Women in banking: Nearly half at entry level, only 27% in mgt – PwC report


The nation’s banking sector is making progress toward gender equality but there is still a significant climb to reach the summit, a recent PwC report titled ‘Changing Currency’ has said.

The report, with the tagline ‘examining trends and challenges of female participation in Ghana’s banking sector sheds light on this ongoing journey, the challenges and opportunities for women in leadership positions.

It revealed that while women constitute nearly half the workforce at junior levels, their representation significantly dips at the top. In the 23 banks surveyed, only 29.4 percent of board members are women – 64 out of 218 – and that number dips to 26.9 percent – 66 out of 245 – for management teams.

“There is a pressing need to redefine this narrative, fostering an industry where diversity thrives and opportunities are accessible to all,” the report emphasises.

The report’s findings echo a reality observed globally. A 2017 International Monetary Fund (IMF) study revealed that women hold less than two percent of bank CEO positions worldwide and occupy roughly 20 percent of board seats.

This under-representation is not for lack of interest. The report highlights a growing surge of women seeking to contribute their skills and expertise to the banking sector.

A key driver is the evolving perception of the industry, which is increasingly seen as offering dynamic opportunities across various roles.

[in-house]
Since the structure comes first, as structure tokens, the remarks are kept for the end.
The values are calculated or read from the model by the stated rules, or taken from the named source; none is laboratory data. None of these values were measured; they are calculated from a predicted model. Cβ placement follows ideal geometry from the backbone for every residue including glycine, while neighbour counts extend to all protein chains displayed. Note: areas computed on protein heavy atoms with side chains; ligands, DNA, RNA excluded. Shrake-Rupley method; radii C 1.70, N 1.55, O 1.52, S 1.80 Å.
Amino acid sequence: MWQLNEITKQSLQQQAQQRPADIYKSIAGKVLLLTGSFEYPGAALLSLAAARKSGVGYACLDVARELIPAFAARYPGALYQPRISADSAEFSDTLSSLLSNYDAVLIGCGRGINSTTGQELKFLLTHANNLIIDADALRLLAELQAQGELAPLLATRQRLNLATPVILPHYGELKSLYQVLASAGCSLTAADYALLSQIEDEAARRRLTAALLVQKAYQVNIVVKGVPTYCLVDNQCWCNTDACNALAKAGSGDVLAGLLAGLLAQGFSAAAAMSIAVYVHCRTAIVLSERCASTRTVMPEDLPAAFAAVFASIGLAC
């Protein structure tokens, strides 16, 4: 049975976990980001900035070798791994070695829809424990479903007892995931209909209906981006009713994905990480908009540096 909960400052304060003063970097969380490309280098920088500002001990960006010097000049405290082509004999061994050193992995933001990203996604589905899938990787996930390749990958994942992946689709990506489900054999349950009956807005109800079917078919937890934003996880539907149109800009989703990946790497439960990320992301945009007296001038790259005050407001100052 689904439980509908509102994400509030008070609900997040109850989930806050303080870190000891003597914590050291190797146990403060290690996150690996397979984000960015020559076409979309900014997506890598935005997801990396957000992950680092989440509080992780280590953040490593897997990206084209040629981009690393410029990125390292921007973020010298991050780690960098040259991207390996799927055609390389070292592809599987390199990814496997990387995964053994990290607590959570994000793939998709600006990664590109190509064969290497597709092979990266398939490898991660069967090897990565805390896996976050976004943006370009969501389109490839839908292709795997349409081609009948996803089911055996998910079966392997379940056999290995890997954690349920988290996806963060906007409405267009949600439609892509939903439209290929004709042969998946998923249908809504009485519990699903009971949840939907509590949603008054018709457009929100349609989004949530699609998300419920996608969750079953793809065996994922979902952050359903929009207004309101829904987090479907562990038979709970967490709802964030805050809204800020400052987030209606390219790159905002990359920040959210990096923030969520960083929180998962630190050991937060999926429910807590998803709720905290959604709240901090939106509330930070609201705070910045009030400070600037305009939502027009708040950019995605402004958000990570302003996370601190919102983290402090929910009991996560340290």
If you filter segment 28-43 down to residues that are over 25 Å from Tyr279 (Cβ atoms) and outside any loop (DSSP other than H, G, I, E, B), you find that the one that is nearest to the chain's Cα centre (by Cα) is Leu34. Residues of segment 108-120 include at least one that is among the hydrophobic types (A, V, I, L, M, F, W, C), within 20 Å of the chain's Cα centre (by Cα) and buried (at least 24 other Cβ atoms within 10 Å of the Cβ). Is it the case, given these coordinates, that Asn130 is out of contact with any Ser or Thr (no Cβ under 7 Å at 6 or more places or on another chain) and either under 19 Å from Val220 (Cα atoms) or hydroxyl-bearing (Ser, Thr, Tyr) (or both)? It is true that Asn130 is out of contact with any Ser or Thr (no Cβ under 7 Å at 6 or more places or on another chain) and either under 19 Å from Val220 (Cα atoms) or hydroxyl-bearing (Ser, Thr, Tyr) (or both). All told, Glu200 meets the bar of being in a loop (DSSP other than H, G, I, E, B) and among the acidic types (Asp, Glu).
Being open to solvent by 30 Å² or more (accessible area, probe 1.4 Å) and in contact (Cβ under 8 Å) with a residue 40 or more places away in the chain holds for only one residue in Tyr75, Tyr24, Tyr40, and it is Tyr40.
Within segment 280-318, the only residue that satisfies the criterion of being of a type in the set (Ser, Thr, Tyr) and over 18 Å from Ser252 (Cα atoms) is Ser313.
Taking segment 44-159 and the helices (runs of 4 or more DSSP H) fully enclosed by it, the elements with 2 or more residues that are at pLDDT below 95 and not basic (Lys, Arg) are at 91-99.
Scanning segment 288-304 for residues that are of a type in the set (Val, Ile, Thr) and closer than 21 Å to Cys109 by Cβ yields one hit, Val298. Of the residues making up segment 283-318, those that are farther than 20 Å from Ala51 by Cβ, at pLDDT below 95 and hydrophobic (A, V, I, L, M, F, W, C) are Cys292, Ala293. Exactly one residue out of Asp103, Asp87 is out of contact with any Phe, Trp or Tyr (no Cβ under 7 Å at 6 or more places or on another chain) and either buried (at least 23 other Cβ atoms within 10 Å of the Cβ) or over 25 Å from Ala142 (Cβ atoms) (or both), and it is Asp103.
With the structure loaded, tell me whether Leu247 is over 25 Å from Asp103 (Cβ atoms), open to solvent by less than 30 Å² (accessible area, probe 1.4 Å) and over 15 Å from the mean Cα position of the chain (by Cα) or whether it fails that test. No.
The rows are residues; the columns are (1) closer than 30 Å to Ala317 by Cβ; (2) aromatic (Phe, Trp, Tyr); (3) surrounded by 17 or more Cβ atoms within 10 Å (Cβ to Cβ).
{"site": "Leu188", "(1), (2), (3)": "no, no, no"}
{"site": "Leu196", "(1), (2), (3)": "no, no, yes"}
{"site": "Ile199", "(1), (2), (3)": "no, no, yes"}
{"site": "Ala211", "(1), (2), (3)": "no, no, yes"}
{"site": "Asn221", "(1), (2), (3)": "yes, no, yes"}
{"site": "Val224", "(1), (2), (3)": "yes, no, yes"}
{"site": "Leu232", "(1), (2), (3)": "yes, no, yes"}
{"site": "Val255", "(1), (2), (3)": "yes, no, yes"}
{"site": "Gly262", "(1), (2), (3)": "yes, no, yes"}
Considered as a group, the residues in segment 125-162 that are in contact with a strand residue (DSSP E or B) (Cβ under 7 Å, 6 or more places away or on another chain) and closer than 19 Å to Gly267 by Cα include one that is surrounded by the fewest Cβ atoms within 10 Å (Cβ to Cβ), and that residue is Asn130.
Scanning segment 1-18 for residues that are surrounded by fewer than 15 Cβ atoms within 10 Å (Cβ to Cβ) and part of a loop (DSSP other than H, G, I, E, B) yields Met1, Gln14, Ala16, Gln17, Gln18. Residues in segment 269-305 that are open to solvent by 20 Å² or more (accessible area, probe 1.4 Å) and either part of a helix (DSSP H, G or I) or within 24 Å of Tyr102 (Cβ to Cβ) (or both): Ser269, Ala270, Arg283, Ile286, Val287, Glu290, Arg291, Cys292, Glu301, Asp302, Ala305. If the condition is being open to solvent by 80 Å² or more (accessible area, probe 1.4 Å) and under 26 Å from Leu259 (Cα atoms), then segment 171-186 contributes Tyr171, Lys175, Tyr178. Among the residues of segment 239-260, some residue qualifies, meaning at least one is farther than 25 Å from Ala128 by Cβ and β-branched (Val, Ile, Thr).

However, PwC identifies several factors that continue to hinder women’s advancement. One major hurdle is the perception that diversity and inclusion are secondary concerns for many banks.

The report quotes a female executive who expresses this sentiment: “Many female executives believe that banks regard diversity and inclusion as secondary considerations, overlooking the pivotal role it plays in driving progress and strengthening organisational resilience”.

Societal norms and a lack of female role models are also cited as significant barriers. PwC explains that “predetermined roles assigned to women” can make it difficult for them to assert themselves confidently in their careers. Additionally, “family objections and societal criticisms often deter women from pushing forward with their ambitions and capabilities”.

PwC recommends that regulatory bodies take the lead by establishing mandated diversity targets and enforcing stricter diversity reporting requirements. This could involve implementing quotas for boards and executive positions, similar to those enforced in some European countries.

The report also stresses the importance of collaboration among stakeholders. It highlights the need for regulators and private sector organisations to work together with advocacy groups and industry associations to develop effective initiatives. These initiatives should address societal norms and promote the development of female role models who can inspire future generations.

Another key recommendation is the establishment of clear reporting standards for gender-related data. This would allow regulators to monitor progress, identify areas for improvement, and create benchmarks across the industry.

The report further underscores the importance of providing training and resources to equip banks with the tools they need to comply with diversity and inclusion reporting requirements.

This could involve workshops, webinars or online resources focused on the importance of diversity and inclusion, along with guidance on data collection and reporting methodologies.

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